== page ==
Josh Dick portrait Josh Dick

Configuring SSH and SCP/SFTP on DSM 5.0 for Synology DiskStations

Because geeky toys never work quite right out of the box.

Introduction

After a few years of waffling back and forth over whether I really needed a NAS, I finally decided to buy one. After doing some research, the option that seemed best for my needs was the Synology DS214+. Synology DiskStation NASes run a Linux-based operating system called Synology DiskStation Manager (DSM). Through sheer dumb luck, I happened to purchase the NAS exactly one month after the release of a new major version of the software, DSM 5.0. The NAS was a breeze to set up, including the including the installation of the two 3 terabyte Western Digital Red hard drives I bought for it.

In general, the NAS’s hardware and software are both great quality, but I ran into some issues after trying to interact with the NAS via SCP/SFTP. This article explains how to get SCP/SFTP working properly in DSM 5.0, exclusively using the stock software. This article assumes a basic knowledge of Linux and the DSM web interface, and thus has a corresponding level of detail. As far as I know, this information should apply to any Synology NAS running DSM 5.0, and was tested with DSM 5.0-4458 Update 2.

Enabling Services

DSM 5.0 includes two independent groups of service settings for SSH and SCP/SFTP.

Enable the SSH service by checking the Control Panel → “Terminal & SNMP” menu → “Terminal” tab → “Enable SSH service” checkbox.

Enable the SFTP service (not to be confused with FTPS!) by checking the Control Panel → “File Services” menu → “FTP” tab → “SFTP” group → “Enable SFTP service” checkbox.

Enabling SSH Users

At this point, you should be able to successfully SSH to your NAS when authenticating as root or admin. Both users will have the password you chose for admin during setup. By default, those are the only two users that will be able to log in via SSH.

If you’d like to enable SSH for other users, SSH in as root, and edit the file /etc/passwd with vi. Each user has a corresponding line in this file, and a user’s shell setting appears at the end of a given line, after the last colon. Any user that has the the default shell setting /sbin/nologin won’t be able to log in via SSH. To enable SSH for a given user, change their shell setting to match the shell setting for the root and admin users, which should be /bin/sh. Be careful when editing the /etc/passwd file; for our purposes here, you should only change the shell setting that appears after the last colon on a given line.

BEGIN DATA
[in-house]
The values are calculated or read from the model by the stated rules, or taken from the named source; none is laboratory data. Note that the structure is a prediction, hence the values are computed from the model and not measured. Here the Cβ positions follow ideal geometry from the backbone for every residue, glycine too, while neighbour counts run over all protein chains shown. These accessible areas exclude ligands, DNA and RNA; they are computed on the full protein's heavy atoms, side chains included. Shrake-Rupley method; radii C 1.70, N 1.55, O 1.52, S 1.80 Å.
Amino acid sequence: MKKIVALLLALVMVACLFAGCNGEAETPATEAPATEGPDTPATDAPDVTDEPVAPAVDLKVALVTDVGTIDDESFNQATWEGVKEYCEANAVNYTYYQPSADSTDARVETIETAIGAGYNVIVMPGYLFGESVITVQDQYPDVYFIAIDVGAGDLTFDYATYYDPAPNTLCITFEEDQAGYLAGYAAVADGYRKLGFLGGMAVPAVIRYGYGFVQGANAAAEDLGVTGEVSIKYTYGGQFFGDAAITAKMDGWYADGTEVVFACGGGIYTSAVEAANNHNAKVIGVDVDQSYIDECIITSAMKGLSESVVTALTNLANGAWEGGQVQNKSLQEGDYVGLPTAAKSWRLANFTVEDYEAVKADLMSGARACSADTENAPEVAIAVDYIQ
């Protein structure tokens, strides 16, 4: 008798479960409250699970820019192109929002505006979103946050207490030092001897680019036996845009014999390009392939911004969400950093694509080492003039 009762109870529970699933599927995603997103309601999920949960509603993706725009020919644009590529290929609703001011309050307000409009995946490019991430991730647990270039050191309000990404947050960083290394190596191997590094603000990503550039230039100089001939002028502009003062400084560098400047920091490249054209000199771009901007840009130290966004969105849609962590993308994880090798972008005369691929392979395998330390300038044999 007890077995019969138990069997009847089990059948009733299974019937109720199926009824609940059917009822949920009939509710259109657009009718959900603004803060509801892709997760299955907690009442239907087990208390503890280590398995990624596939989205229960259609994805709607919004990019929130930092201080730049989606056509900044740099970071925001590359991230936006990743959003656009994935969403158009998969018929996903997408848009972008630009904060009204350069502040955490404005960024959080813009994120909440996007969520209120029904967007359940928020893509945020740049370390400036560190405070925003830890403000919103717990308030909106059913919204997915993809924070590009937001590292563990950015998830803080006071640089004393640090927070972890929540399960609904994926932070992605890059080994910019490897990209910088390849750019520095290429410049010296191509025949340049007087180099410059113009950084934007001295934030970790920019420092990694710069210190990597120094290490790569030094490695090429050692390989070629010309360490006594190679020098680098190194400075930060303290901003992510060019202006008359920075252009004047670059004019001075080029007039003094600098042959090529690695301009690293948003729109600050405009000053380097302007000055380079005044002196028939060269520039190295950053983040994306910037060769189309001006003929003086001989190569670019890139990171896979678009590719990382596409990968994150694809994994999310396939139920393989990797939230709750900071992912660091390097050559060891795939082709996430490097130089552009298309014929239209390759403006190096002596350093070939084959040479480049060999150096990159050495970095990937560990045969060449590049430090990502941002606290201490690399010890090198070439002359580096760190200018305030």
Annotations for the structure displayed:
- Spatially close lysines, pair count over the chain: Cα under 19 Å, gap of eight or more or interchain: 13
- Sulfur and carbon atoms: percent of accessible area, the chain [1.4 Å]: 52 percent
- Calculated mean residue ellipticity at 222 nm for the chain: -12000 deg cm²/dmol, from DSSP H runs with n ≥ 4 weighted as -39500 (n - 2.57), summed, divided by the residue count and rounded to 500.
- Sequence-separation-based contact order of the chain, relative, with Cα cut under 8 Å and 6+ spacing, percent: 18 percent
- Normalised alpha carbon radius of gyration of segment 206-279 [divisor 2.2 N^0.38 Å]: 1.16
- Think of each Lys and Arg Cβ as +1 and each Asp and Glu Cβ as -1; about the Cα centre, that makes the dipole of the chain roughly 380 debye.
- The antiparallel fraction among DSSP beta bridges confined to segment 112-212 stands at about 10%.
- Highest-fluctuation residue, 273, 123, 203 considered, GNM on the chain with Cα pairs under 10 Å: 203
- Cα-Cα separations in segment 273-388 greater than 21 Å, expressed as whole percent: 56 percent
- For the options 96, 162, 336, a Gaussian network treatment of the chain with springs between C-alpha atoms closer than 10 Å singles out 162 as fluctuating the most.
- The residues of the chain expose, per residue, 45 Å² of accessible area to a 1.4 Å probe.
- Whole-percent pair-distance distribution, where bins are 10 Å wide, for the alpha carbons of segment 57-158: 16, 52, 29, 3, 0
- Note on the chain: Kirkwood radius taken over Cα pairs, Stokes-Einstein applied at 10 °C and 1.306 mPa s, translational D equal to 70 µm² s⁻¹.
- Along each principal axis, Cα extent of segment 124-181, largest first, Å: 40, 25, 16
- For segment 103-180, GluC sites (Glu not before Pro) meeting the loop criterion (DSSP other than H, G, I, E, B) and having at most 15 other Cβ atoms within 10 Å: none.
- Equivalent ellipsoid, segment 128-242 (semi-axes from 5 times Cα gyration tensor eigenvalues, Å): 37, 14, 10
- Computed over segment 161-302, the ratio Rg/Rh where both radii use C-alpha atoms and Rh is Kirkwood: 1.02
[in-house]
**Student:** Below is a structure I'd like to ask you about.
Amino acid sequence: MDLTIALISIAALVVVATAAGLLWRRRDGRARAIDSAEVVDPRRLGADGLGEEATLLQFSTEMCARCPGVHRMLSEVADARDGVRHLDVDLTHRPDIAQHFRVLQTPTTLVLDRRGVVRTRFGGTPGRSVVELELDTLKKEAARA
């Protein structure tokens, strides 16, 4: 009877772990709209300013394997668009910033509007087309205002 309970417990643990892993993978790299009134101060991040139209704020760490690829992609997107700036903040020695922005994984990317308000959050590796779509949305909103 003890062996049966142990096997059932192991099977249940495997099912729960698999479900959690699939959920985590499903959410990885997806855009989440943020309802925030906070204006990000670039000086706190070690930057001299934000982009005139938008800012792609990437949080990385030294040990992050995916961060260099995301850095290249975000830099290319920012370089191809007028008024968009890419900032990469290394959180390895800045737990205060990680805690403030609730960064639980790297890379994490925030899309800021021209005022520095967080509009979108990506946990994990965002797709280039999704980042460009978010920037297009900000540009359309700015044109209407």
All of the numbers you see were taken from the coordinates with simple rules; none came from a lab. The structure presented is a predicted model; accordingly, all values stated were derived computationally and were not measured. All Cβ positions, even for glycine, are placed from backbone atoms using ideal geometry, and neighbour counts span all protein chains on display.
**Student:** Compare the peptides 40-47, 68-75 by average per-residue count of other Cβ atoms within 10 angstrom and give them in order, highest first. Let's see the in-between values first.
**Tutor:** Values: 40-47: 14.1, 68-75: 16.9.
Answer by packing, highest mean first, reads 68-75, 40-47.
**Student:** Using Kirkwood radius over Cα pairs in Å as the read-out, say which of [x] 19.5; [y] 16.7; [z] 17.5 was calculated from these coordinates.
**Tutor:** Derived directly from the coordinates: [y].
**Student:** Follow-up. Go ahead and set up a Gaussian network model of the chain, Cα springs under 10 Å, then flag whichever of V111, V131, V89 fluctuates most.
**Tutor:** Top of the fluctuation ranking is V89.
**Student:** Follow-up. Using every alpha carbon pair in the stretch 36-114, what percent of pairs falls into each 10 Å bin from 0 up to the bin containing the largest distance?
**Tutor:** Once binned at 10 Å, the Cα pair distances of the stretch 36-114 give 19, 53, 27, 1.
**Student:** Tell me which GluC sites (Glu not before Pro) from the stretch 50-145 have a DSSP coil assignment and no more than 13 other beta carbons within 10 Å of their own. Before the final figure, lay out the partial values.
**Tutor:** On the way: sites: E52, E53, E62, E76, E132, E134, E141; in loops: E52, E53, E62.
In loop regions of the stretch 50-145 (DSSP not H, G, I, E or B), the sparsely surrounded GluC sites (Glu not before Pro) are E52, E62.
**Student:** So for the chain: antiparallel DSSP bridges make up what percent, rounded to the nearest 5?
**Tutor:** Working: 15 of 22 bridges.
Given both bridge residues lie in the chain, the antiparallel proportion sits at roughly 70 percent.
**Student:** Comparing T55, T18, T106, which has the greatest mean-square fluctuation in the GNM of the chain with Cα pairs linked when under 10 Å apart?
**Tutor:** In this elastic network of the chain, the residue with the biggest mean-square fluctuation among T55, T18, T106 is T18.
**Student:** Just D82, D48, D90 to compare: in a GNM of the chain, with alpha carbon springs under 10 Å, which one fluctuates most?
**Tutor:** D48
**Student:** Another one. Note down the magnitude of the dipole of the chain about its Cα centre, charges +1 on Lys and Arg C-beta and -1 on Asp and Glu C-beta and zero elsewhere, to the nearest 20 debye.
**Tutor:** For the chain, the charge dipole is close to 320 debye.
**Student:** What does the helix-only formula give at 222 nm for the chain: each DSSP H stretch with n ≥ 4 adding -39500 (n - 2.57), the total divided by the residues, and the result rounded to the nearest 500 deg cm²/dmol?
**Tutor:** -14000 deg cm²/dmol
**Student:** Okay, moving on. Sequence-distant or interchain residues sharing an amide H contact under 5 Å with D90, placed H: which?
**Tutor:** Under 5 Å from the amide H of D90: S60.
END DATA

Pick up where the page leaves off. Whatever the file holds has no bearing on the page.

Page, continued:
Enabling the User Home Service

Upon SSHing in as any user besides root, you might see a warning message (this example is for the “admin” user):

Could not chdir to home directory /var/services/homes/admin: No such file or directory

This warning happens because home directories are controlled by DSM’s “user home service”, which is disabled by default. To prevent the error, enable the user home service by checking the Control Panel → “User” menu → “Advanced” tab → “User Home” group → “Enable user home service” checkbox.

I recommend enabling the user home service even if you don’t plan on using home directories, since leaving it disabled may cause some programs that rely on SCP/SFTP (rsync, etc) to abort with errors, regardless of which directory you’re trying to manipulate.

By default, a given user’s home directory is located at /volume1/homes/username.

Fixing Home Directory Permissions for SSH Public Key Authentication

If you plan to use SSH public key authentication for a given user, the default permissions on user’s home directories will prevent that. Making the permissions more restrictive (doing a chmod 755 on a user’s home directory as root) will allow SSH public key authentication to work properly. Of course, the user’s ~/.ssh folder and ~/.ssh/authorized_keys file also need to have the correct permissions (chmod 700 and chmod 644, respectively.)

The Finish Line

After performing all of the aforementioned configuration tweaks, you should now have a painless SSH and SCP/SFTP experience with your Synology DiskStation NAS.

One final tip: I’ve determined through experimentation that shared folders are served relative to the filesystem root (/shared_folder) when accessing the NAS via SFTP, but are served relative to the volume folder (/volume1/shared_folder) when using SCP. If specifying paths one way doesn’t work, try the other way.